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The Art of Tattooing

How Culture Is Shaping Tattoos

As soon as I walk into the tattoo shop my ears are bombarded with heavy metal music and the sweet, sweet buzzing of needles. I take a seat and chat with my artist about the piece I came in for and soon the shop help hands me the mandatory paperwork. She starts admiring my already sleeved left arm and begins to share her own ideas for her next piece and where on her body she wants to place it. “I think I want to start adding to my legs. I just love those pictures where they’re in the bathtub and their tattoos just look so good!”

The art of tattooing is not being recognized and appreciated the way it deserves because of people like the Pinterest girl. Many younger people are criticised by many older people today because tattoos have somehow become this new outlet for easily expressing that you can be your normal self, but also this aesthetically pleasing picture. Many girls (trust me, there are guys too) my age have small, hidden tattoos that allow them to be edgy if they feel like it, which by default puts them in this group of ‘people with tattoos.'

Many of us who live for the art of tattooing get all hot and bothered when we fall into the same group as these people because tattooing is so much more than just some ink that can easily be seen with that one tank top you have. Tattoos are the ability to express images we see in our imagination, images we feel by way of ink on human skin. While most people just see lines and colors, there are so many aspects of a tattoo that make it art: the way the shading fades, where you can see how heavy the artists’ hand was and when he began to sweep away, the use of borders or no borders, the heaviness of colors, the highlight of grey, the swirls of black.

The most common societal argument that takes away from this art is the misplaced and unnecessary fear that one day our ink will magically spread out like molasses on a hot day. This fear was valid for a moment when silicon-based ink was the only thing sailors used to tattoo pigs and roosters, but what most people don’t know is that the ink used today by tattoo artists is water-based. This difference in ink is as important as the switch from landlines to cell phones. Besides this main societal hang-up, the other important hindrance to the art of tattooing is the fact that extremely talented artists are forced to belittle their greatness to infinity signs with inspirational quotes. How is anyone supposed to believe that there is so much beauty in tattoos when all they can base their knowledge on are tattoos that ‘can be hidden so my parents won’t see, but my boyfriend can when I wear this one shirt.’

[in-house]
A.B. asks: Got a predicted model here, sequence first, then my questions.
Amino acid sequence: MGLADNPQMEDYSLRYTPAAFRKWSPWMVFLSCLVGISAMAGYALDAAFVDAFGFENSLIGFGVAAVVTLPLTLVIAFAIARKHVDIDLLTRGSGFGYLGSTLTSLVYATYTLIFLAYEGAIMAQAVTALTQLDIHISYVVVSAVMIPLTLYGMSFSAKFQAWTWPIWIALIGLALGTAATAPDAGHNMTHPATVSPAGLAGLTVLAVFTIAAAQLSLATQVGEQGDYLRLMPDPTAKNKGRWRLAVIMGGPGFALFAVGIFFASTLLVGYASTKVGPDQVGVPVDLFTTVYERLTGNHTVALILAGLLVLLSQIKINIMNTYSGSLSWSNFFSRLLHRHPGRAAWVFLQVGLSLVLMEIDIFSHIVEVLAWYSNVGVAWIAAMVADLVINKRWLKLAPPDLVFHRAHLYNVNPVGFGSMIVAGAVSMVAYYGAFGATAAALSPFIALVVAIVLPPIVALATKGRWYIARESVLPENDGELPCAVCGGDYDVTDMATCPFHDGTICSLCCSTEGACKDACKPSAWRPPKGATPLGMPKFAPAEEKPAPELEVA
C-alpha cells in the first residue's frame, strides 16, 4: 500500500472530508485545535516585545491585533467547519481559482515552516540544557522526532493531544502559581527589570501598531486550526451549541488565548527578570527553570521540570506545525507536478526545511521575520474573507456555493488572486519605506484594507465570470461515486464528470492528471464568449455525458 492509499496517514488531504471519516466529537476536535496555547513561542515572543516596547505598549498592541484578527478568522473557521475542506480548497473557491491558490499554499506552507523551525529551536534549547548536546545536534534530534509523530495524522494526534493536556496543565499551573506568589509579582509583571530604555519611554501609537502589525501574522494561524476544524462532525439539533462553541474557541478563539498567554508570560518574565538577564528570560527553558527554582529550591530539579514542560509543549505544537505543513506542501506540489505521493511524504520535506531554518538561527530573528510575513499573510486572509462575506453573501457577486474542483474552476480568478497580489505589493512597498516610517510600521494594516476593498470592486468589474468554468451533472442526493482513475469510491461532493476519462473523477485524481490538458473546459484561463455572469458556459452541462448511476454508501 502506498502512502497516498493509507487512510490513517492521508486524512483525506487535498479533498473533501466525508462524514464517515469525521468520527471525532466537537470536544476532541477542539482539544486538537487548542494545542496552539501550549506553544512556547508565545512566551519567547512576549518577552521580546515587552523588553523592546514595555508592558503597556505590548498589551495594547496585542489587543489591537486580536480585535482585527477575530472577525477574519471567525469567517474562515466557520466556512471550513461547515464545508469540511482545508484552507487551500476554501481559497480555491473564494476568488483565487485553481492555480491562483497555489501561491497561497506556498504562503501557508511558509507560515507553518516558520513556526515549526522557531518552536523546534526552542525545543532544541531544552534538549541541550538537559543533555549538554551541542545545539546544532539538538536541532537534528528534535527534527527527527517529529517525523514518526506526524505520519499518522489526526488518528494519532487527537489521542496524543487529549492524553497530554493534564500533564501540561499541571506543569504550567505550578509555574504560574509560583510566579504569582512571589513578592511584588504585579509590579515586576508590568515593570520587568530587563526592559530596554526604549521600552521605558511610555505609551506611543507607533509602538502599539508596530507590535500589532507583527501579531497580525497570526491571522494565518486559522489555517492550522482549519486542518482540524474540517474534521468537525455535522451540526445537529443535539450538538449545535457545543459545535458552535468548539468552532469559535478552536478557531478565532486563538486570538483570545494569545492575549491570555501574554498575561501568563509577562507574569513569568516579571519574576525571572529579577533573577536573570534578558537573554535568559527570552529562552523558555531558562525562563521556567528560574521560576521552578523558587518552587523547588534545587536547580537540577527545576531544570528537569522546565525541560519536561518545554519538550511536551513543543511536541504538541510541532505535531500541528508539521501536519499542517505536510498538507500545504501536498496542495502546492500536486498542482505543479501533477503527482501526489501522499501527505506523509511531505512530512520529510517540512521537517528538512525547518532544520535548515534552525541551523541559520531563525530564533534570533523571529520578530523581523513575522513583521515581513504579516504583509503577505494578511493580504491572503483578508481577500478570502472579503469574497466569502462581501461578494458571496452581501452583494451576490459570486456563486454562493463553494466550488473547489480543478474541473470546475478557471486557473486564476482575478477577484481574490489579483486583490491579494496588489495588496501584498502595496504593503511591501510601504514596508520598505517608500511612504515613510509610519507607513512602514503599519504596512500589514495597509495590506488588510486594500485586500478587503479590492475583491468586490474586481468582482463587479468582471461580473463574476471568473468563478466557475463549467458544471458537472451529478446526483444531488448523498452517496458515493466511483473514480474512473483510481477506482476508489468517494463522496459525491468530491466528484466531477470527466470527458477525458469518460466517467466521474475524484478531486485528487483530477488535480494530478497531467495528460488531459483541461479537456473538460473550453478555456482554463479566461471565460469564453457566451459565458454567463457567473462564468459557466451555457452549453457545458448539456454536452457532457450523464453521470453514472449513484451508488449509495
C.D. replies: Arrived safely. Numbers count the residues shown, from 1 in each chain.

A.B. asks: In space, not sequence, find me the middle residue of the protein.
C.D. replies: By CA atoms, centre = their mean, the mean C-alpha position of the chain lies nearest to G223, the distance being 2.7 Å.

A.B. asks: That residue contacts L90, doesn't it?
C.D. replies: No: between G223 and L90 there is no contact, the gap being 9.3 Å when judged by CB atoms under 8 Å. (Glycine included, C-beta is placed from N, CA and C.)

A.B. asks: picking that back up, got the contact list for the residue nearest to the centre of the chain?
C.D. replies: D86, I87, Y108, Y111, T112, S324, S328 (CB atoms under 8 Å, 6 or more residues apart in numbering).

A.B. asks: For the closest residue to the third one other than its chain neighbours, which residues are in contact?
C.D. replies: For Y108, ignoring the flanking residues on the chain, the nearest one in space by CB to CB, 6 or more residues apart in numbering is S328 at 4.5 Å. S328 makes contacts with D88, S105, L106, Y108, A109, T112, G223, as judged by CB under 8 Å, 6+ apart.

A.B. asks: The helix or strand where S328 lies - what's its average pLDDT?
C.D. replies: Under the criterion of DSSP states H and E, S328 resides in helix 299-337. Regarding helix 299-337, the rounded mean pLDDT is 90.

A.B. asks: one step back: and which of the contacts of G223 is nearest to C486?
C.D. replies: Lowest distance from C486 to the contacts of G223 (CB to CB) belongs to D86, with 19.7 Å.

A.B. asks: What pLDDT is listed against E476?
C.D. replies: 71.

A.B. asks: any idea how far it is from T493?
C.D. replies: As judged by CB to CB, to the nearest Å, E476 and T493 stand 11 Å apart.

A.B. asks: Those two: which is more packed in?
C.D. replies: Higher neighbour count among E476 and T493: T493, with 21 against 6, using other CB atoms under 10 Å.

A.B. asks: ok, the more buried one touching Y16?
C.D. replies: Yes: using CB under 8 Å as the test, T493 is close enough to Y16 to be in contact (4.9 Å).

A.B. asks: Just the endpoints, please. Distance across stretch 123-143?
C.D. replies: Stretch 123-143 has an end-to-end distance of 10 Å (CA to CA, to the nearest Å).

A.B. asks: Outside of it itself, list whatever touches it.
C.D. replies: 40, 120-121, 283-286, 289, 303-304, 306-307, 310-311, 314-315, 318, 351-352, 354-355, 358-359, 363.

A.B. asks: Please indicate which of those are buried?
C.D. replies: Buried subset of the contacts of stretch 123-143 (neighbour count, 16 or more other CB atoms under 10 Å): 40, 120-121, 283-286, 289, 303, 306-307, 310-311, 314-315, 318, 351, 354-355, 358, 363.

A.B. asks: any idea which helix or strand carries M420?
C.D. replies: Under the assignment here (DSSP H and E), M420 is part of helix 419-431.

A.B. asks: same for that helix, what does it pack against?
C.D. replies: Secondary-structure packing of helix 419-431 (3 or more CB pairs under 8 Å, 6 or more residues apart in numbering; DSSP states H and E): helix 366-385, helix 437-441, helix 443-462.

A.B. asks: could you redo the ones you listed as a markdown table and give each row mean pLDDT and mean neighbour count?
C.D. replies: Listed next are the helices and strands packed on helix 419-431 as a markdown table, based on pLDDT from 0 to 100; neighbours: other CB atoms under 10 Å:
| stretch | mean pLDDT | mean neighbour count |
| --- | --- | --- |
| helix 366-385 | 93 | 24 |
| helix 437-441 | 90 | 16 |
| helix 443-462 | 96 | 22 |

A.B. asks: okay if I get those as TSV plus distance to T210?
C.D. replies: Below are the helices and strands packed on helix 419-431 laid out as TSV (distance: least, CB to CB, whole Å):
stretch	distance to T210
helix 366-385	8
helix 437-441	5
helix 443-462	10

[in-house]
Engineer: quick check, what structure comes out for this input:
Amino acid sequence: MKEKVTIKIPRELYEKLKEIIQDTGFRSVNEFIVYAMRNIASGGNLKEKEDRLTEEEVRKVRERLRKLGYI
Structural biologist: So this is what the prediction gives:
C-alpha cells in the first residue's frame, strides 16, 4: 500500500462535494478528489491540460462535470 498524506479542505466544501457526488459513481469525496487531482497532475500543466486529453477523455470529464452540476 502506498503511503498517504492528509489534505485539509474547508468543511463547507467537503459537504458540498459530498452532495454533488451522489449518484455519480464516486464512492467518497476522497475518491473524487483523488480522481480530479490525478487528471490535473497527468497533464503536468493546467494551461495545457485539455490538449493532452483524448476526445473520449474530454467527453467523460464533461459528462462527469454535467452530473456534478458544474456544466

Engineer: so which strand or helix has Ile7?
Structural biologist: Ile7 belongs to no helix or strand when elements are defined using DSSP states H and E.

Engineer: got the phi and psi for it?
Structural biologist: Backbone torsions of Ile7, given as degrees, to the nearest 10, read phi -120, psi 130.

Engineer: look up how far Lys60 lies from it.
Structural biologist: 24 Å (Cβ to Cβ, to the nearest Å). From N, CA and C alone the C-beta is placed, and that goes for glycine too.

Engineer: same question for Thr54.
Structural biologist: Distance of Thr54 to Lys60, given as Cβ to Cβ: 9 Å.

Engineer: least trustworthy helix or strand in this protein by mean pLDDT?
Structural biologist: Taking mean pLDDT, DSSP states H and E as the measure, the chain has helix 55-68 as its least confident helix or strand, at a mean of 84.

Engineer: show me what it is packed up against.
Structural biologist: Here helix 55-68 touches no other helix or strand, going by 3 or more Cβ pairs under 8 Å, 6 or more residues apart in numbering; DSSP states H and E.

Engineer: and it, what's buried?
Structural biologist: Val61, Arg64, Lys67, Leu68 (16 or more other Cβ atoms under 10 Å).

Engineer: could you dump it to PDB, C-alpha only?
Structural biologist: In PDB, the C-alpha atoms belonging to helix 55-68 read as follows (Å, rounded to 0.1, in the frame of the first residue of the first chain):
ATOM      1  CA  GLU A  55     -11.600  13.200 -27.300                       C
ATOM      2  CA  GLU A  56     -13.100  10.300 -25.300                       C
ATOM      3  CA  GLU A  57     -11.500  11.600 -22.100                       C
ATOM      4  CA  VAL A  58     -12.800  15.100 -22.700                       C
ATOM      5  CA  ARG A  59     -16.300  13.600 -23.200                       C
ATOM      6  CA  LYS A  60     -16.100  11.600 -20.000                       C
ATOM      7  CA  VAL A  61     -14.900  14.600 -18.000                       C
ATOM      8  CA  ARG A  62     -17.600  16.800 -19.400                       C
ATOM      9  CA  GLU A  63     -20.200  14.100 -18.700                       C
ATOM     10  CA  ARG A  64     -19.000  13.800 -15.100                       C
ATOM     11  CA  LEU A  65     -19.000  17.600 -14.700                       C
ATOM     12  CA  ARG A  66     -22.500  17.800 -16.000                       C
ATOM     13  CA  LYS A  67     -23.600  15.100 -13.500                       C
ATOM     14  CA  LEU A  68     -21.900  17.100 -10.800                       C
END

The emotional ties or reasons for a tattoo are to be respected, just as on outfit decision is to be respected. No one deserves to be questioned on why they chose to wear checkered Vans, because we are in 2018 and supposedly those are still in style. So with respect to anyone who chooses to get inked nowadays, most of society believes that in order to have a tattoo you need a deep emotional reason, such as your cat who just passed away loved to sleep on your arm and his favorite toy was yellow so now you have a ‘realistic’ style yellow sunflower on your forearm. Then there are those of us who discovered the American traditional style and walked into the sessions not knowing what your artist had drawn up for you, as long as it was within the style and it fit well amongst the other pieces on your arm. When it comes to splitting hairs about symbolic or emotional validation of a tattoo, it’s a double-edged sword that no one cares to take part in. Once society gets past this unnecessary validation associated with the grieving process, that is when the art of tattooing will make leaps and bounds.

The art of tattooing has never been so systematically developed and collectively strengthened as it is today. Artists from all over the world and from all different styles have constantly been striving for greatness within the past 15-20 years in order to build an industry that stands highly upon common core values, such as integrity, humbleness, back-breaking work, and overall greatness. This art and industry will only continue to push social limits, continue to produce hardworking artists, continue to create a damn rainbow bridge from our ideas of fantasy to reality.

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The Art of Tattooing
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